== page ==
Do’s and Don’ts for Stranded Cost Legislation
William B. Marcus, Principal Economist, JBS Energy, Inc.
Adapted from a presentation to the National Council of State Legislatures, Las Vegas, Nevada, July, 1998
I was asked to discuss several topics, including the legislative and regulatory roles in stranded cost
determination and the role of securitization of stranded costs as a panel member at the 1998 NCSL conference. These notes cover eight specific elements of what legislators should and should not do in writing the
portion of restructuring legislation dealing with stranded costs.
1. Set the framework, don’t delve into the details.
The definition of stranded cost is very complex. Little is cut and dried, even in areas that some might
think are straightforward on the surface, such as regulatory assets. Detailed prescriptions on how to define stranded costs became homes for a number of special interest provisions benefiting utilities in
2. Do not require 100% stranded cost recovery; let regulators make the decision.
Recovery of 100% of stranded costs is not just an ideological question. It is a question of regulatory
structure and incentives. If the legislature requires recovery of 100% of stranded costs, that encourages utilities to ask for more categories of costs to be included as stranded and forces regulators to
work harder to weed out meritless requests. It also does not recognize that certain estimating techniques may produce higher stranded cost estimates than simply divesting generation and receiving a market
price and removes the abilities of regulators to correct for this fact. Requiring 100% recovery also reduces the incentives of utilities to mitigate or reduce these costs.
3. Net good and bad assets.
A utility does not have the right to stranded cost recovery for assets whose cost exceeds their market value
while keeping for shareholders the benefits of assets whose cost is less than their market value.
4. Prohibit secret processes.
If a utility cannot inform the public of the entire basis of its request, it should not get the money.
Confidentiality and secrecy in the stranded cost process can stifle public debate and prevent embarrassing or anticompetitive requests from being aired in public forums. In some cases, blatant subsidies
for unregulated utility businesses have been included in stranded cost requests, but the public was kept in the dark by gag orders. In many other cases, utilities use one set of numbers that yield high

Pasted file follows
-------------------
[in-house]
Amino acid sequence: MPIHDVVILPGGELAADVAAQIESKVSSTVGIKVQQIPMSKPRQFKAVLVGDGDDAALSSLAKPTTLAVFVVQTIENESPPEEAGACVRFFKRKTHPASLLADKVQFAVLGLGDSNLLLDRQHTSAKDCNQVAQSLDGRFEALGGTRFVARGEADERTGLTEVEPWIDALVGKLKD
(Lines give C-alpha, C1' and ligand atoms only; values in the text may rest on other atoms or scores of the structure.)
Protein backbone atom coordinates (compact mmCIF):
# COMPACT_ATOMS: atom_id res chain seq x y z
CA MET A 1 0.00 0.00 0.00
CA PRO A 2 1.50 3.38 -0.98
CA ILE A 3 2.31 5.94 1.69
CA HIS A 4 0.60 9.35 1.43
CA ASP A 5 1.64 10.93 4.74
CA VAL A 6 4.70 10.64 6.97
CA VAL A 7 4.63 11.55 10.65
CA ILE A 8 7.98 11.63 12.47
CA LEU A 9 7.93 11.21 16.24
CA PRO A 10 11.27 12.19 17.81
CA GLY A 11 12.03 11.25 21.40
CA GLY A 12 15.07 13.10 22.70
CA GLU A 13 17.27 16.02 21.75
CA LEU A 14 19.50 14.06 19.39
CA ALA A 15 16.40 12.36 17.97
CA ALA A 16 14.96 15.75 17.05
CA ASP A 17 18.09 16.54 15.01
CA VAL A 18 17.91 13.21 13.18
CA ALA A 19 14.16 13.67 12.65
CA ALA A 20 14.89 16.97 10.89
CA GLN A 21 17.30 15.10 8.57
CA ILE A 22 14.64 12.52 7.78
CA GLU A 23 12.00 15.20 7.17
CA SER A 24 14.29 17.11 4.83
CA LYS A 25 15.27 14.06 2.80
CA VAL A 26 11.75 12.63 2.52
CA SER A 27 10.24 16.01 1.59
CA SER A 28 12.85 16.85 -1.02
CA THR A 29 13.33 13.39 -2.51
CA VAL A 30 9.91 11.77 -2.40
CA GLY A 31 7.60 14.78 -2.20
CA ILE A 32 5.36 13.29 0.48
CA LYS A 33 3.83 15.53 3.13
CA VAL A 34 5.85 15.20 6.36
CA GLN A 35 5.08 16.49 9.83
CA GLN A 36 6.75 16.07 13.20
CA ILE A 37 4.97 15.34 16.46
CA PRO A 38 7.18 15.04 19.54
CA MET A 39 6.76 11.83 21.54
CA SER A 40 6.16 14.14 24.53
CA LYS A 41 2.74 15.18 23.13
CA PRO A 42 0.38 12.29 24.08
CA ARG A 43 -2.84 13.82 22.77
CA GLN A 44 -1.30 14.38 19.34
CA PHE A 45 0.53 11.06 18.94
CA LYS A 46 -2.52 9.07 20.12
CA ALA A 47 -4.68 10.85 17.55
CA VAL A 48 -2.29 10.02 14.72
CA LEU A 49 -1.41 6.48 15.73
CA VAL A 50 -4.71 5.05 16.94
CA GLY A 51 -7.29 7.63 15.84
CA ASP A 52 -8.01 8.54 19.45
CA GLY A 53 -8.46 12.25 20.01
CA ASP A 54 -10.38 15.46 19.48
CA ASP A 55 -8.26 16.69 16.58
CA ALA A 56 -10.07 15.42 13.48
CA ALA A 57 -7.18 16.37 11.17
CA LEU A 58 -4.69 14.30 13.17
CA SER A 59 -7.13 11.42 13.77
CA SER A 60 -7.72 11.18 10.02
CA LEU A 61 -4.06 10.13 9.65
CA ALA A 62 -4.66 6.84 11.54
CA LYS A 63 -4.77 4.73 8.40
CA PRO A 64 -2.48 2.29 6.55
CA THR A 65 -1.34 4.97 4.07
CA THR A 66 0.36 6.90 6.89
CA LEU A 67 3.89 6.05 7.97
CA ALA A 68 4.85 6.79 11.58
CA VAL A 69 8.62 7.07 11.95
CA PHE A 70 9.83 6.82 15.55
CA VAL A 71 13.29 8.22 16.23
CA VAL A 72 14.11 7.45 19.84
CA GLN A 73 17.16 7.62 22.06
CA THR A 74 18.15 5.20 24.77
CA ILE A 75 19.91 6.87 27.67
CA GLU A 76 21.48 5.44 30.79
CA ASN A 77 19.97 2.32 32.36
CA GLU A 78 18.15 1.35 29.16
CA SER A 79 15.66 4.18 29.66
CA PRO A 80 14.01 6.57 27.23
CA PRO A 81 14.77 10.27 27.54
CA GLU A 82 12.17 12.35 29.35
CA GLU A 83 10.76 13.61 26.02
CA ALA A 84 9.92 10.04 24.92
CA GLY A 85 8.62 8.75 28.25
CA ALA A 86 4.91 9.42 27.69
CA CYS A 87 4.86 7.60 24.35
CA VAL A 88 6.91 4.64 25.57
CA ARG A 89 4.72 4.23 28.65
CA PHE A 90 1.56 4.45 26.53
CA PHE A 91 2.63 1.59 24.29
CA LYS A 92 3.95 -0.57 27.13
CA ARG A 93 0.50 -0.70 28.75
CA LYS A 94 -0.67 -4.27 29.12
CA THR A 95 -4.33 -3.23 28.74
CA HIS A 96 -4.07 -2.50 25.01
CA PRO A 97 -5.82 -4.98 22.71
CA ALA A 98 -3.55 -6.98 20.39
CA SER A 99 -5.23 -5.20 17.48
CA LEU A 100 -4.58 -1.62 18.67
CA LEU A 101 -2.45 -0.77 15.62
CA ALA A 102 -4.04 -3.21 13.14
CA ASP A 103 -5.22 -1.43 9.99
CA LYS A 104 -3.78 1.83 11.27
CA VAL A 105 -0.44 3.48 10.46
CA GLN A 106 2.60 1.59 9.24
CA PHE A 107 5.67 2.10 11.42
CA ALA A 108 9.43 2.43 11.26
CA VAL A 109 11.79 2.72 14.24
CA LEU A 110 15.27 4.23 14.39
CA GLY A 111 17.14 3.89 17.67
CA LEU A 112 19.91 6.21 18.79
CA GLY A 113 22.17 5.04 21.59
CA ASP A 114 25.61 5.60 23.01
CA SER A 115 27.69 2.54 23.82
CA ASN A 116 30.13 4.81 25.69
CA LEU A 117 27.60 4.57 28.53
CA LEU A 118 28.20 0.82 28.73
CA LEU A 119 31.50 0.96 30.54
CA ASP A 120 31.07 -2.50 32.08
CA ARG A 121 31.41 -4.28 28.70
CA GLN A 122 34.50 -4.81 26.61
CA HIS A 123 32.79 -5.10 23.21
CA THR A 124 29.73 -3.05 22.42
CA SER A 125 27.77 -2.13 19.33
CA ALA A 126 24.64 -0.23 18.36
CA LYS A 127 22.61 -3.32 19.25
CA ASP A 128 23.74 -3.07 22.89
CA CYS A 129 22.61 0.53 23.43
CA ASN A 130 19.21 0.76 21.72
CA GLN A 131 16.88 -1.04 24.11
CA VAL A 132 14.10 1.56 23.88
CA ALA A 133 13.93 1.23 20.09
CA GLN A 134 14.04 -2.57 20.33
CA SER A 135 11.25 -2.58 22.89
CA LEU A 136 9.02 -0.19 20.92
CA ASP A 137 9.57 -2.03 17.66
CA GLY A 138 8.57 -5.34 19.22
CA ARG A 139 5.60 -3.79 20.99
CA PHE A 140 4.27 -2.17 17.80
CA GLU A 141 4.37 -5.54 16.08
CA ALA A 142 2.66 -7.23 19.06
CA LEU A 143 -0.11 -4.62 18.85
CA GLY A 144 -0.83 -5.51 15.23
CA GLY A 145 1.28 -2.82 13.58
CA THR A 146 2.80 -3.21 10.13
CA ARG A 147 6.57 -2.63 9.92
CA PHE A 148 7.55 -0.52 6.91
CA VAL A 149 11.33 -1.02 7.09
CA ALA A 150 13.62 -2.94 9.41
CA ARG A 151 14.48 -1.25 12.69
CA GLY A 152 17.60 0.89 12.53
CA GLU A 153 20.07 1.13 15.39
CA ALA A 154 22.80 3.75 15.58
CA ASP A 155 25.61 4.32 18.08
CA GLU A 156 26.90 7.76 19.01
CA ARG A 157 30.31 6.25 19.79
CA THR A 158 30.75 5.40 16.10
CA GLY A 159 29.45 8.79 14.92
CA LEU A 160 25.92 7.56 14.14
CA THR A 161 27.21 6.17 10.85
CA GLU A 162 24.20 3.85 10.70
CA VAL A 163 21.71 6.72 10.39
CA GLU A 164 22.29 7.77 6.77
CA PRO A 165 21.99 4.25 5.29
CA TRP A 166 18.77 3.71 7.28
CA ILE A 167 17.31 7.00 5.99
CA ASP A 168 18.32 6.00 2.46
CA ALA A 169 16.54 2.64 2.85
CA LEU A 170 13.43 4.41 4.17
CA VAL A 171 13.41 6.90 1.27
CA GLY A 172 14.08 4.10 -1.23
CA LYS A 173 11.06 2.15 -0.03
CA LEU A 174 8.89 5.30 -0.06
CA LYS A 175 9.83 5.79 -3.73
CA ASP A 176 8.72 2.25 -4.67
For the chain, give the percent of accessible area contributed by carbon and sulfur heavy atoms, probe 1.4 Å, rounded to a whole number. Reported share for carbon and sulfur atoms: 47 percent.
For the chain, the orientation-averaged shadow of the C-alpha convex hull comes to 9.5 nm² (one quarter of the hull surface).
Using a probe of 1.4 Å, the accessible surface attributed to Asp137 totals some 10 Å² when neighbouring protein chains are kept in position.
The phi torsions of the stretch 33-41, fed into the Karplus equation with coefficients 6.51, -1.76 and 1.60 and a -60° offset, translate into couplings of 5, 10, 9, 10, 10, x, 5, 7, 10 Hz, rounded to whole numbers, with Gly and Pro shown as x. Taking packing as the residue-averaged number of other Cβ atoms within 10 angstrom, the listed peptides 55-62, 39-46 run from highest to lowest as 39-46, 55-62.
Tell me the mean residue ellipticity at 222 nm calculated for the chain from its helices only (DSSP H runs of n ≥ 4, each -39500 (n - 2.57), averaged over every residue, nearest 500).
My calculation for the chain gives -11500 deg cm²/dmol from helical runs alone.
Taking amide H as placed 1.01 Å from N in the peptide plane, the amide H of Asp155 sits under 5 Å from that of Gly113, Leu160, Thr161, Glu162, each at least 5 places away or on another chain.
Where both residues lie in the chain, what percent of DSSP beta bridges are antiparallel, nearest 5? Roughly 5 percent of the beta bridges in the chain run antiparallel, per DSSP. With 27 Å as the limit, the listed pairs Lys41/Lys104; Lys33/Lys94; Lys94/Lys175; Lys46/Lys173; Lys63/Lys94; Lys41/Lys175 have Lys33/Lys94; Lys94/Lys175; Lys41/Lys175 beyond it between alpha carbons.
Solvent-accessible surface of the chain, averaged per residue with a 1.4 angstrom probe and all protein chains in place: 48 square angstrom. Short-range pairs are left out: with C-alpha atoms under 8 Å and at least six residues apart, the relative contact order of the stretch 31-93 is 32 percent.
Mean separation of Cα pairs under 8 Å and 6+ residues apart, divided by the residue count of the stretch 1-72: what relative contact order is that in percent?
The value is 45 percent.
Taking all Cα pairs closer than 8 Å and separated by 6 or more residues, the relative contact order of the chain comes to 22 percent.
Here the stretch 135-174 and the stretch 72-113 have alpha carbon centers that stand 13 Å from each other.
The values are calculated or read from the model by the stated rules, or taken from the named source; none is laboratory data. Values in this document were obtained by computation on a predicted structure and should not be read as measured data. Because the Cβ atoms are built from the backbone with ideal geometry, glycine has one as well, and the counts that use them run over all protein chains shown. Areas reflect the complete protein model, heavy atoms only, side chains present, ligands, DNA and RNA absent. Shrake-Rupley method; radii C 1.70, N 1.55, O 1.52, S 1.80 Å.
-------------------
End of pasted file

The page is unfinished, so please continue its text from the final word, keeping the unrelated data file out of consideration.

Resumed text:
estimates of stranded costs while using different numbers to say that their nuclear plants are cost-effective. The public needs to know these things. Legislators and governors would be impeached,
recalled, or voted out of office if they levied secret taxes without telling the public why they were needed. Electric ratepayers deserve no less.
5. Do not permit regulators to give utilities operating subsidies for existing generation.
What is past may be stranded. Future costs are almost never stranded and can be avoided by closing
uneconomic plants. Subsidies distort markets. They can reduce the market price, increasing the stranded costs assigned to unsubsidized assets. They can harm competitors, and they can make it
uneconomic to build new market-based generation even in the face of power shortages.
6. Promote utility divestiture of most generation.
Divestiture is good for markets by reducing both wholesale and retail market power and the opportunity for
utilities to cross-subsidize their generation and retail arms. Divestiture, by definition, provides a better estimate of market price than administrative determination by a regulatory body. Moving to a
market-based system and reducing the role of regulation should start with divestiture. It is clear that what a third party actually would pay for an asset is a more accurate determination of its value than
the answer that comes out of a black box computer model, particularly one whose data are kept secret. Divestiture can be promoted by allowing a smaller percentage of stranded cost recovery on assets that
are not divested.
7. Securitization is a tool, not a panacea, and is not a substitute for good regulation.
It can reduce the carrying costs for stranded assets after the regulators have sharpened their pencils on the initial requests. But it doesn’t substitute for regulatory action. Because it only reduces costs for assets that otherwise would be in the utility rate base, it should not be used for purchased power contracts.
8. Don’t oversell securitization.
In California, securitization has been falsely sold to customers who are not clearly being told that their 10%
rate reduction today will be financed with higher rates starting in 2002.
Failing to follow these steps not only tilts the playing field unjustly toward the utilities, but can endanger the whole restructuring
process. Several of the reasons why a California initiative is challenging restructuring are because the California legislature didn’t follow these steps. It required the Commission to give the
utilities 100% of stranded costs for nuclear power; it gave nearly $2 billion in additional operating subsidies to nuclear power, and it set up a residential rate reduction financed by securitization that was then
oversold to consumers who were not informed about the plan’s higher rates in later years.